Churches like trends, often believing that if they ride the wave of the latest trend they can become bigger, better or more relevant.
In many cases this may be true but, as a Christian educator, I am more interested in the “trend after the trend.”

I am interested in the new ideas and insights that emerge after the prevailing trends have been tried and evaluated.

Often, the “trend after the trend” is more intentional and thoughtful, reflecting an understanding of faith formation at a deeper level.

The following examples show some of the “trends after the trends” that I see emerging in churches today.

  • Technology is a current trend from which churches have definitely benefited.

Church life has become more efficient. Technology has made it easier for churches to gather and disseminate information as well as conduct conversations and meetings without having to come to the church building.

Many churches even offer online Bible study classes and self-directed discipleship modules.

For all the good of technology, the trend after the trend is a growing awareness that efficiency is not the heartbeat of congregational life, and communication via technology cannot take the place of face-to-face encounters, fellowship and human touch.

Mentor relationships for new members, fellowship groups and pastoral care training for deacons are examples of new trends that emphasize the importance of relationships for spiritual growth.

  • For several years, a trend has been for churches to offer multiple worship services in order to appeal to various age groups, from traditional to contemporary to liturgical.

On any given Sunday, a church could offer as many as two or three worship services to appeal to the tastes of teenagers, young adults and senior adults.

However, there is an emerging sense that giving persons what they like may not be giving them what they need.

Providing a variety of worship services can keep folks happy, but it can also separate and segregate the congregation.

The trend after the trend is an awareness that for congregations to grow in spiritual vitality, they must find a common time to regularly worship and pray together.

Offering one worship service to meet the needs of a variety of people is hard work, but it is a reminder that it requires work to build community.

Community, relationships and growth don’t just happen; they require intentionality, commitment and some give-and-take by all.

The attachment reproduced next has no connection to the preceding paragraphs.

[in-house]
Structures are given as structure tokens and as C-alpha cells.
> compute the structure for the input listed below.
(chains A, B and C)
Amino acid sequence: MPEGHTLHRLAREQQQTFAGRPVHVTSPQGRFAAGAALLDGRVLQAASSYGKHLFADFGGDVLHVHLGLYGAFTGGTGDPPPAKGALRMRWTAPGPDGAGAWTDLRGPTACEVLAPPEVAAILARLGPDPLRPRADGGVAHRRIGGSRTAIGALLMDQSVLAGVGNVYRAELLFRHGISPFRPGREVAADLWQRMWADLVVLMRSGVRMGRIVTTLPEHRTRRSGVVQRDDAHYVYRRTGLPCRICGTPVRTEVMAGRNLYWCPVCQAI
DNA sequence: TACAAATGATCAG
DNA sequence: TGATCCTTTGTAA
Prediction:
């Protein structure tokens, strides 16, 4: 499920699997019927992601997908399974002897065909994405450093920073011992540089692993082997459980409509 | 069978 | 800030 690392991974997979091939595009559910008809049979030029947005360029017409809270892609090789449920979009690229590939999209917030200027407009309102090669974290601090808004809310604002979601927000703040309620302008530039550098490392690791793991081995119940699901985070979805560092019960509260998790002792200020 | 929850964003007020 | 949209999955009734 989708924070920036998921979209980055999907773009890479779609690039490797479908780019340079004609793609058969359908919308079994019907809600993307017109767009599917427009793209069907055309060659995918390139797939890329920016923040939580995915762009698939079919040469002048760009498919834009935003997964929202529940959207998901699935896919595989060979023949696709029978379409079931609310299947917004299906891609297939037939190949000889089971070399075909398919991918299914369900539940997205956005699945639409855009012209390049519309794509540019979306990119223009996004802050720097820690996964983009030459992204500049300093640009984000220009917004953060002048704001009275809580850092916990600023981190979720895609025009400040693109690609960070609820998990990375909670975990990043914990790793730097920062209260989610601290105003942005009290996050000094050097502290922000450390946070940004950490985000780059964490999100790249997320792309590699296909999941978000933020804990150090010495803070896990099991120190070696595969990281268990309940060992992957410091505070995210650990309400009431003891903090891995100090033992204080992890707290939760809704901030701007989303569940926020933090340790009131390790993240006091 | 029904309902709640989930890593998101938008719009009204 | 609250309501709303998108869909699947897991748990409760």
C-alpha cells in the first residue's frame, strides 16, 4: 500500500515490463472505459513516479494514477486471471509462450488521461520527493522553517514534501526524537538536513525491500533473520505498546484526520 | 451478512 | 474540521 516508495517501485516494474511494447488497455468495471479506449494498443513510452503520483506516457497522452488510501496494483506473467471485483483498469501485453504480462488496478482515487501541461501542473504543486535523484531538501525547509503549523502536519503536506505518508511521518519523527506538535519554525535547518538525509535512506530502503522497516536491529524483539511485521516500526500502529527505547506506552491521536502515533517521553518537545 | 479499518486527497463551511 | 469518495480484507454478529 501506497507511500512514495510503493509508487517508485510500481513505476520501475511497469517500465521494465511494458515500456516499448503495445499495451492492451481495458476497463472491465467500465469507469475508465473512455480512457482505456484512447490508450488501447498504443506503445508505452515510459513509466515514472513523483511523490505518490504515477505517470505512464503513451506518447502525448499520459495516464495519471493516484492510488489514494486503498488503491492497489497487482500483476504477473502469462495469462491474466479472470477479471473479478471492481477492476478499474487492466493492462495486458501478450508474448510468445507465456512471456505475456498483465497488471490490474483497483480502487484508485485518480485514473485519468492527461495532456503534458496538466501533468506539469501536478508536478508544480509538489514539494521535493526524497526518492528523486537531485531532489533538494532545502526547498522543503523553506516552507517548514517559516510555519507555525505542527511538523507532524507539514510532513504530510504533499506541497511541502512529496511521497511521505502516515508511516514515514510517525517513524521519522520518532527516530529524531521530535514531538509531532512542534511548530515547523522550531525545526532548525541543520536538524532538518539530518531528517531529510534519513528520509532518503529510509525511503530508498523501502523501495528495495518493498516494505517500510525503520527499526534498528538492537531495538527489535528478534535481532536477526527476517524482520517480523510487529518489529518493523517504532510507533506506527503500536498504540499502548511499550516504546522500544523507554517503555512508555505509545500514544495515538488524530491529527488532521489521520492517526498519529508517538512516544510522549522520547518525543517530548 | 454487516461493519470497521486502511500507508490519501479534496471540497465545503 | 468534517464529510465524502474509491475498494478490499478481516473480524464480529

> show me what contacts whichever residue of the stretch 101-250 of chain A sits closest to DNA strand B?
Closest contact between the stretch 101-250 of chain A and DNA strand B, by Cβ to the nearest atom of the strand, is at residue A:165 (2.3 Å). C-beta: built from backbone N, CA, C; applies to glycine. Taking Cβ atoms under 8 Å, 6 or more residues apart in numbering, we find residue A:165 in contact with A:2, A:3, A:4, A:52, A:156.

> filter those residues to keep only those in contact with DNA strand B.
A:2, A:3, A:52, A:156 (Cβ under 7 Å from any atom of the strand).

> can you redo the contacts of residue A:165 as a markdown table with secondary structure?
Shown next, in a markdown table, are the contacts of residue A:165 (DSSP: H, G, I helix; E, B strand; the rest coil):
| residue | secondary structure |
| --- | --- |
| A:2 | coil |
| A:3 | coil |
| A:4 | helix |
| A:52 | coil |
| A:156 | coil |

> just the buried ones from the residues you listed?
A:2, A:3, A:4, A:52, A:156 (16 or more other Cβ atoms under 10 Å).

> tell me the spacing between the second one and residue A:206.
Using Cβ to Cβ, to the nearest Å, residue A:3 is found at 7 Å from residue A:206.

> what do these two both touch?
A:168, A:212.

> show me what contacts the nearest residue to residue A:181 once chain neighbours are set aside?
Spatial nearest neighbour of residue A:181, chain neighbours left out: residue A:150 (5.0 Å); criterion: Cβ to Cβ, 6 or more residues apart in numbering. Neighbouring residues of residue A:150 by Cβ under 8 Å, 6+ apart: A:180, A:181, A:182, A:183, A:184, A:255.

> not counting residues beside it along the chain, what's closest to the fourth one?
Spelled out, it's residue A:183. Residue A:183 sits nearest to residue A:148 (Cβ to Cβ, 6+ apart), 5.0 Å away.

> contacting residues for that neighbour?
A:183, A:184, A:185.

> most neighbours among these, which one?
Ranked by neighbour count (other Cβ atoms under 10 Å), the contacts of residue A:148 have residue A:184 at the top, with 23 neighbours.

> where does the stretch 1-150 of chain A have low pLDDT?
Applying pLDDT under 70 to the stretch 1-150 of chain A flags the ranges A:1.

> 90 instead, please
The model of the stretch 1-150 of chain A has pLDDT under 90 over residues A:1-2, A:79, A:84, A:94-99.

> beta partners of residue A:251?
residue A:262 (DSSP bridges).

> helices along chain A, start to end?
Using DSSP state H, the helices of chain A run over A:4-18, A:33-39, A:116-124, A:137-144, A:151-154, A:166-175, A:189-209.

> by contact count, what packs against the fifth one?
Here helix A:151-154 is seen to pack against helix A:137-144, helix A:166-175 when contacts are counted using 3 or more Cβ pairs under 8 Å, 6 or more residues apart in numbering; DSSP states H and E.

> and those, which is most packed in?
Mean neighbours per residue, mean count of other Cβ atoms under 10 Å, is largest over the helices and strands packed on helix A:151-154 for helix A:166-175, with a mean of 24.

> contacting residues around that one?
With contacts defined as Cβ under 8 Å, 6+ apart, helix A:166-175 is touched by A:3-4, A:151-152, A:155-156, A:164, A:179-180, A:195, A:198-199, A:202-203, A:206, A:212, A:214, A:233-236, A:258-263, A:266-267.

• Age-graded programming has long been a trend in churches, which reflects the belief that people learn best with others of the same age and developmental needs.

However, today the church finds itself in a situation that it has never been in before.

On any given Sunday, there could be five or six generations of people attending church. Each of these generations brings with them very different perspectives about church, theology and worship.

Some churches are finding that intergenerational programming offers some added benefits that age-graded programming cannot provide.

Different generations can offer a wealth of knowledge and experience to one another.

Senior adults can help children understand the history and heritage of their church.

And young adults can help middle-aged adults understand how the church can best provide opportunities for their spiritual growth.

The growing trend of intergenerational encounters can happen during Sunday school, Wednesday nights or across the table while sharing a meal.

  • Short-term intensive discipleship classes have been the trend for providing foundation into Christian theology and practice for those desiring to make a profession of faith and be baptized.

While such classes are efficient and focused, wiser minds have come to realize that everything one needs to know about becoming a Christian cannot be learned in four to six weeks.

Following Christ is an ongoing journey of growth and change. Therefore, new Christians can benefit from those persons who are farther down the road in their faith journey.

Mentor relationships that provide the opportunity for new Christians to be paired with more mature Christians for conversation, questions, support and guidance is another emerging trend.

These relationships can last for a year or longer and are particularly beneficial for children who often learn best by watching and imitating the behaviors of adults.

  • A goal of developing lay leaders in the church has been a trend in congregational churches in recent years.

Helping lay persons to take a role and responsibility in the mission and ministry of the church is a necessary priority.

Many books have been written and workshops offered about what it means to be a good leader.

While such resources may be helpful, they often provide an outsider’s opinion about the characteristics of a good leader and how to develop those characteristics in a potential leader.

Fortunately, there is a growing awareness that leaders are not made from without; they are formed from within.

Thus, the trend after the trend now focuses on helping lay persons discover their spiritual gifts and then finding ways in which those gifts can be used to enrich the life of the congregation.

By discovering one’s spiritual gifts, the potential for leadership emerges from within and from those traits that are already a natural part of who God created them to be.

Karen Massey is the associate dean for master’s programs at the McAfee School of Theology in Atlanta.

Editor’s note: This is the sixth in a series of articles on church trends. An article by Zach Dawes on church trends observed by four Baptist denominational leaders will appear tomorrow. Previous articles are available on “the Garden State,” missional engagement, Hispanic Baptists, technology in Christian education and social media.

Share This